Peter Rhodes recalls Christmas in a war zone and tidings of hope for the folk back home

Tidings of comfort and joy to you all. I recall a memorable yuletide years ago when I was sent to report on what we now call the First Gulf War.

RAF Stafford personnel returning from the Gulf War in 1991
RAF Stafford personnel returning from the Gulf War in 1991

The Coalition of 35 nations to liberate Kuwait was assembled. Operation Desert Storm, the unleashing of untold firepower on Saddam Hussein's forces was at hand. Christmas 1990 was a few days away.

As I reported then, the pre-battle mood among British forces in Bahrain was “neither maudlin nor fearful, but busy, purposeful and confident.” And yet there was apprehension. Saddam had one of the biggest armies in the world. The Brits were well within range of his Scud missiles.

Back home, families with loved ones serving in local units, including the Staffordshire Regiment, could only pray.

Their anguish was not helped by some of the media coverage. To the fury of troops on the ground, one national newspaper suggested thousands of British soldiers might be killed on the first day of the assault.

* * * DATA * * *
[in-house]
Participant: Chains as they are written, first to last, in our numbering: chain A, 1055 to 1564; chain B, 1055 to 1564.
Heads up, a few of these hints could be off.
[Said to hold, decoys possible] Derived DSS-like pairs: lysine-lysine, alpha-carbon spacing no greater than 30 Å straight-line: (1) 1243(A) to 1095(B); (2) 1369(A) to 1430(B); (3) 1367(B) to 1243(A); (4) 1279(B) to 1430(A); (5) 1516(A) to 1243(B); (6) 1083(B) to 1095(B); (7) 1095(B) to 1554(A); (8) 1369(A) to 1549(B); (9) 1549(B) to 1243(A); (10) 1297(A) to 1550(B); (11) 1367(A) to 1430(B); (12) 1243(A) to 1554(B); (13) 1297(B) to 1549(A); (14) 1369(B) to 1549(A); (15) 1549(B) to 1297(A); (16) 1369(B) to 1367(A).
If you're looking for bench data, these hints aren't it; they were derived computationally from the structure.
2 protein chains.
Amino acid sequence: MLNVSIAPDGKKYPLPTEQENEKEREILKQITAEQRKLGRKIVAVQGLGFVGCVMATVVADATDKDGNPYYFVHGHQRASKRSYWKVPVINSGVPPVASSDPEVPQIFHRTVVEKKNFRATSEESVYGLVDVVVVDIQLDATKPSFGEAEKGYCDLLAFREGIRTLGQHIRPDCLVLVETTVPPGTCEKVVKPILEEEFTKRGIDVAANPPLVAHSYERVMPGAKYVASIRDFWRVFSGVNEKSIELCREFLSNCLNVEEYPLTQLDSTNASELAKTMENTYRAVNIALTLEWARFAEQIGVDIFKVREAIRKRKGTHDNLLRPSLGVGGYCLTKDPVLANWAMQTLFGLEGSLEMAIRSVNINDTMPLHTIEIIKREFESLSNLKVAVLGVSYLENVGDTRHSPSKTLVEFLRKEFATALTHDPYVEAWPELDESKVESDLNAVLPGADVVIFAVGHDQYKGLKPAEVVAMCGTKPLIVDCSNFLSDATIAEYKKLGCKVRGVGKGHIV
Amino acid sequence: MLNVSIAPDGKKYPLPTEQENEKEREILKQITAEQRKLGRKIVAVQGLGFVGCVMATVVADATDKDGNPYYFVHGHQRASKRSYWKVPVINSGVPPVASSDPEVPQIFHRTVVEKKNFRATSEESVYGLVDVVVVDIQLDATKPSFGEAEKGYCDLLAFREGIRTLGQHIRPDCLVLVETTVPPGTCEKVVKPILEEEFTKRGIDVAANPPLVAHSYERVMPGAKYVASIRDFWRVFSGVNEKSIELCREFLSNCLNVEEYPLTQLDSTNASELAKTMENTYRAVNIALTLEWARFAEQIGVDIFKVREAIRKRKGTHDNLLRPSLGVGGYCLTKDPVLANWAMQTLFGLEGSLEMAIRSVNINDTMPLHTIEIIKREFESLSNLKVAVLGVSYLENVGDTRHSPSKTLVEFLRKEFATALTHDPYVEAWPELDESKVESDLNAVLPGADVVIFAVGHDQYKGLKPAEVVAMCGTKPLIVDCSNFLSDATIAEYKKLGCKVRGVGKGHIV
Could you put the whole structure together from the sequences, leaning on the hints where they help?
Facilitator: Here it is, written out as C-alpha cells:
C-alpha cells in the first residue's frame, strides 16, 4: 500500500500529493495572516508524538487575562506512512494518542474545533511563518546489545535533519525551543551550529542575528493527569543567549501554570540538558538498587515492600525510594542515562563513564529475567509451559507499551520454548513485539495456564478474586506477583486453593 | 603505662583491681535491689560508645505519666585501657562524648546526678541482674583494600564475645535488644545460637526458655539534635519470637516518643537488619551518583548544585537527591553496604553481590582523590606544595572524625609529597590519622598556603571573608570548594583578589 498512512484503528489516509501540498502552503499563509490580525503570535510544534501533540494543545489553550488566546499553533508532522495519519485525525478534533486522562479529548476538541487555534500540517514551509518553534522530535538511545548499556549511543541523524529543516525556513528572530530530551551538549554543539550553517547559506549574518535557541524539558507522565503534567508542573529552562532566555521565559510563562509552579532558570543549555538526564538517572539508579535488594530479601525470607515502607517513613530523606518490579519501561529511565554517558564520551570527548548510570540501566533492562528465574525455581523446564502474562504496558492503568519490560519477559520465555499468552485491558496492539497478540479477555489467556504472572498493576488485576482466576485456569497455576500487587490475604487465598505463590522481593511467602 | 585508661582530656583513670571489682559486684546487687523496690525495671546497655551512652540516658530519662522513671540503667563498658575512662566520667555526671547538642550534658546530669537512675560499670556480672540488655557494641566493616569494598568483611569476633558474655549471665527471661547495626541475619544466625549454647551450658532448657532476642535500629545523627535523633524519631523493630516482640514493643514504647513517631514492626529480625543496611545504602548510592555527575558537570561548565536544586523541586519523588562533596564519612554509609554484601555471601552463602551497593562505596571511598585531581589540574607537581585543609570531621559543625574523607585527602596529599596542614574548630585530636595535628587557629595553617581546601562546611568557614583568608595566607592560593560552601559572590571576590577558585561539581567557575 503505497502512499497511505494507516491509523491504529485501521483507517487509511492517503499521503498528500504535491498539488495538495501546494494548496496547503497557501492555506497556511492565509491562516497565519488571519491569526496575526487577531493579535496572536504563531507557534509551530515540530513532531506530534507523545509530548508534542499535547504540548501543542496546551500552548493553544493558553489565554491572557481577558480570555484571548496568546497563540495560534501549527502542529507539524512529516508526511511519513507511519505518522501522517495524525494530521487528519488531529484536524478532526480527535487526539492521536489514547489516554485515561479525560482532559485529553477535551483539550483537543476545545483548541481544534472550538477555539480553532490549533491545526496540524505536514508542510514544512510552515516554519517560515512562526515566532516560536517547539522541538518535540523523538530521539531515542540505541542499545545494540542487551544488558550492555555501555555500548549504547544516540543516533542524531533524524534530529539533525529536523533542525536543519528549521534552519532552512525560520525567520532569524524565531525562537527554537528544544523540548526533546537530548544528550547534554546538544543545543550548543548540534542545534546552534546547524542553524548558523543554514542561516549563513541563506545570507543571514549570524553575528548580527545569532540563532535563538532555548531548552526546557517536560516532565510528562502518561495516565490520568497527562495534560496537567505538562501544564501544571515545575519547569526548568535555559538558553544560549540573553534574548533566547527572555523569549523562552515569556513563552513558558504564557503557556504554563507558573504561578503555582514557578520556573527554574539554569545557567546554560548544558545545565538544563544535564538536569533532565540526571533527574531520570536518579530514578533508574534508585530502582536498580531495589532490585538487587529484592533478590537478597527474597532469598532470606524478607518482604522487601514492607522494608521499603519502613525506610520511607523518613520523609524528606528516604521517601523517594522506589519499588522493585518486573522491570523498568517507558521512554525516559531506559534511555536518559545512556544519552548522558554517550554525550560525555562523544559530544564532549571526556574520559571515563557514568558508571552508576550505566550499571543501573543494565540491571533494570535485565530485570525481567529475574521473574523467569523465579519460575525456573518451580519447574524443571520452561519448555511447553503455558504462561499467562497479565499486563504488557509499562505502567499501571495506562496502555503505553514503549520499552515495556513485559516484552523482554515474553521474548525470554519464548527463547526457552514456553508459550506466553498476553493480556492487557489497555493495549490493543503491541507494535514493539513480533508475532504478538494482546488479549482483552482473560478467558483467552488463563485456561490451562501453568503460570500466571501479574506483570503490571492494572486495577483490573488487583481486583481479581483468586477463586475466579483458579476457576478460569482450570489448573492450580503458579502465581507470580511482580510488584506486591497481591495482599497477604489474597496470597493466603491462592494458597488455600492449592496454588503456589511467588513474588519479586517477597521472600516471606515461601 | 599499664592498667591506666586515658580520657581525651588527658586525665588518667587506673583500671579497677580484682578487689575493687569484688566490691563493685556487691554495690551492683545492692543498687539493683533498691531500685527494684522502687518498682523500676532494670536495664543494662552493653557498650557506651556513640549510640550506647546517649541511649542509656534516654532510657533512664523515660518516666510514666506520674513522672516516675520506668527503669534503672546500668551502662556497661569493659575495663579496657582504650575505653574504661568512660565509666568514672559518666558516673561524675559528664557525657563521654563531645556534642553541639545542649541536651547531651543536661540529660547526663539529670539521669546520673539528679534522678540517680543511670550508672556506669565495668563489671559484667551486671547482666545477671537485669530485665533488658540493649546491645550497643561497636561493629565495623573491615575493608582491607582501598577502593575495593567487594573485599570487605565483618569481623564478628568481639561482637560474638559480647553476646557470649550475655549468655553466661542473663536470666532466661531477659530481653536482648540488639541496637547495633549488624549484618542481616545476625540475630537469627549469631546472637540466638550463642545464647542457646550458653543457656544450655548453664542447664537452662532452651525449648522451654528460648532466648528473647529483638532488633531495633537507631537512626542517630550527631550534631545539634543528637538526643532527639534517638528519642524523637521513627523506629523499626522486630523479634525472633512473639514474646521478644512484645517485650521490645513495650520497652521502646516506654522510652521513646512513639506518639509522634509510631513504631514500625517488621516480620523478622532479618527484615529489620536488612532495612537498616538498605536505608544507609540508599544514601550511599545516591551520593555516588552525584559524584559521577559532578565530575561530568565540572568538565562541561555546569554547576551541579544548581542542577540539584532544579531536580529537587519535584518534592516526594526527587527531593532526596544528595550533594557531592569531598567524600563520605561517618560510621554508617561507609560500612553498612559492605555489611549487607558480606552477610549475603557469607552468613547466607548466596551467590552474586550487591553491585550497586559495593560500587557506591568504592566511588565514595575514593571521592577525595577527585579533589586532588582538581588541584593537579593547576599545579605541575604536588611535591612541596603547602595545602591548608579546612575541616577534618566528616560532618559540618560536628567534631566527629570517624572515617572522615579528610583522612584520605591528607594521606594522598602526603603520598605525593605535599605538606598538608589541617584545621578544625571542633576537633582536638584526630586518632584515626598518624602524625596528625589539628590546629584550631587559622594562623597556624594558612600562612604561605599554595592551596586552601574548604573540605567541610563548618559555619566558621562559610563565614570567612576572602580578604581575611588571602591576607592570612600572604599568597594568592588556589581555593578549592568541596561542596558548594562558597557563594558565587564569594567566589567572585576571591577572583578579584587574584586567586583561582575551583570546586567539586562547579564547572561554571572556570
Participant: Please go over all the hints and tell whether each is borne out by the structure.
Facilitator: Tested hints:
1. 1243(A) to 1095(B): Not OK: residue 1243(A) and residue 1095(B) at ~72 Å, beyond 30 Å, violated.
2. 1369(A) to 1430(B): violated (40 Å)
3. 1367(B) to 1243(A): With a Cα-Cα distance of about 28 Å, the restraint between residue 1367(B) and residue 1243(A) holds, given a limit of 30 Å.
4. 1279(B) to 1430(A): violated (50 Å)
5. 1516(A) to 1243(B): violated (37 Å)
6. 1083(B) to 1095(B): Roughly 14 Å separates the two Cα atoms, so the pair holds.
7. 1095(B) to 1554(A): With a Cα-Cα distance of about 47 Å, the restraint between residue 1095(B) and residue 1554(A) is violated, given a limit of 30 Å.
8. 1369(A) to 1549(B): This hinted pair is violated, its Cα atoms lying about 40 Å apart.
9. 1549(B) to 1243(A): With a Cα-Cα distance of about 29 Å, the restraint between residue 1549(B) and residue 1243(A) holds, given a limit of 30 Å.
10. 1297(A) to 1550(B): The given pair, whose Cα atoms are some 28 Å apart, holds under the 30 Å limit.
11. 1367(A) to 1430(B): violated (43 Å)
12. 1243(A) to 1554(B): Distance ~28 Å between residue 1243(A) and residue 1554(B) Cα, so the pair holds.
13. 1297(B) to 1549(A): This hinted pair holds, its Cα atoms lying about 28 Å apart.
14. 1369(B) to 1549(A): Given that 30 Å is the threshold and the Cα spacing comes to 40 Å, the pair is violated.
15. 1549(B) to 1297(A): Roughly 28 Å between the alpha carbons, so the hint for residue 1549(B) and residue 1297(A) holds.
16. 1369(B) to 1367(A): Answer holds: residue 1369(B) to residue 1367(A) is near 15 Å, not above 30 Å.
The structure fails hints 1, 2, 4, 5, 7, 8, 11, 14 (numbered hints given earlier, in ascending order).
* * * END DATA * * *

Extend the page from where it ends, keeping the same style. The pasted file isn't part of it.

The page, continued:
As Christmas approached, no family knew what each day would bring from the Gulf – Christmas cards or the dreaded notification of killed / wounded / missing.

And then suddenly, after much bad news and grisly speculation, came tidings if not of joy then at least of comfort.

A senior RAF commander told us how his crews had been awed by the size and power of the Coalition's US-led air armada. He predicted, confidently and on the record, that this war could be decided “in a matter of hours.” Events would prove him right. The land war lasted barely four days and miraculously, despite all the dire forecasts, only 47 of the 53,000 UK personnel deployed, were lost.

The RAF's dramatic declaration of optimism on that warm Arabian night was too late for Fleet Street's deadlines, so our London colleagues adjourned to a restaurant. But two of us provincial hacks raced across the city to a hotel, cadged a couple of typewriters and sent our dispatches in time for our early editions.

The next day our readers picked up their papers to learn that this bloody war might soon be over and, all being well, their lads would come safely home.

Over the years I've filed thousands of dispatches but none gave me more satisfaction than the night we faxed the good news from Bahrain to Blighty and sent a whisper of hope at Christmas.

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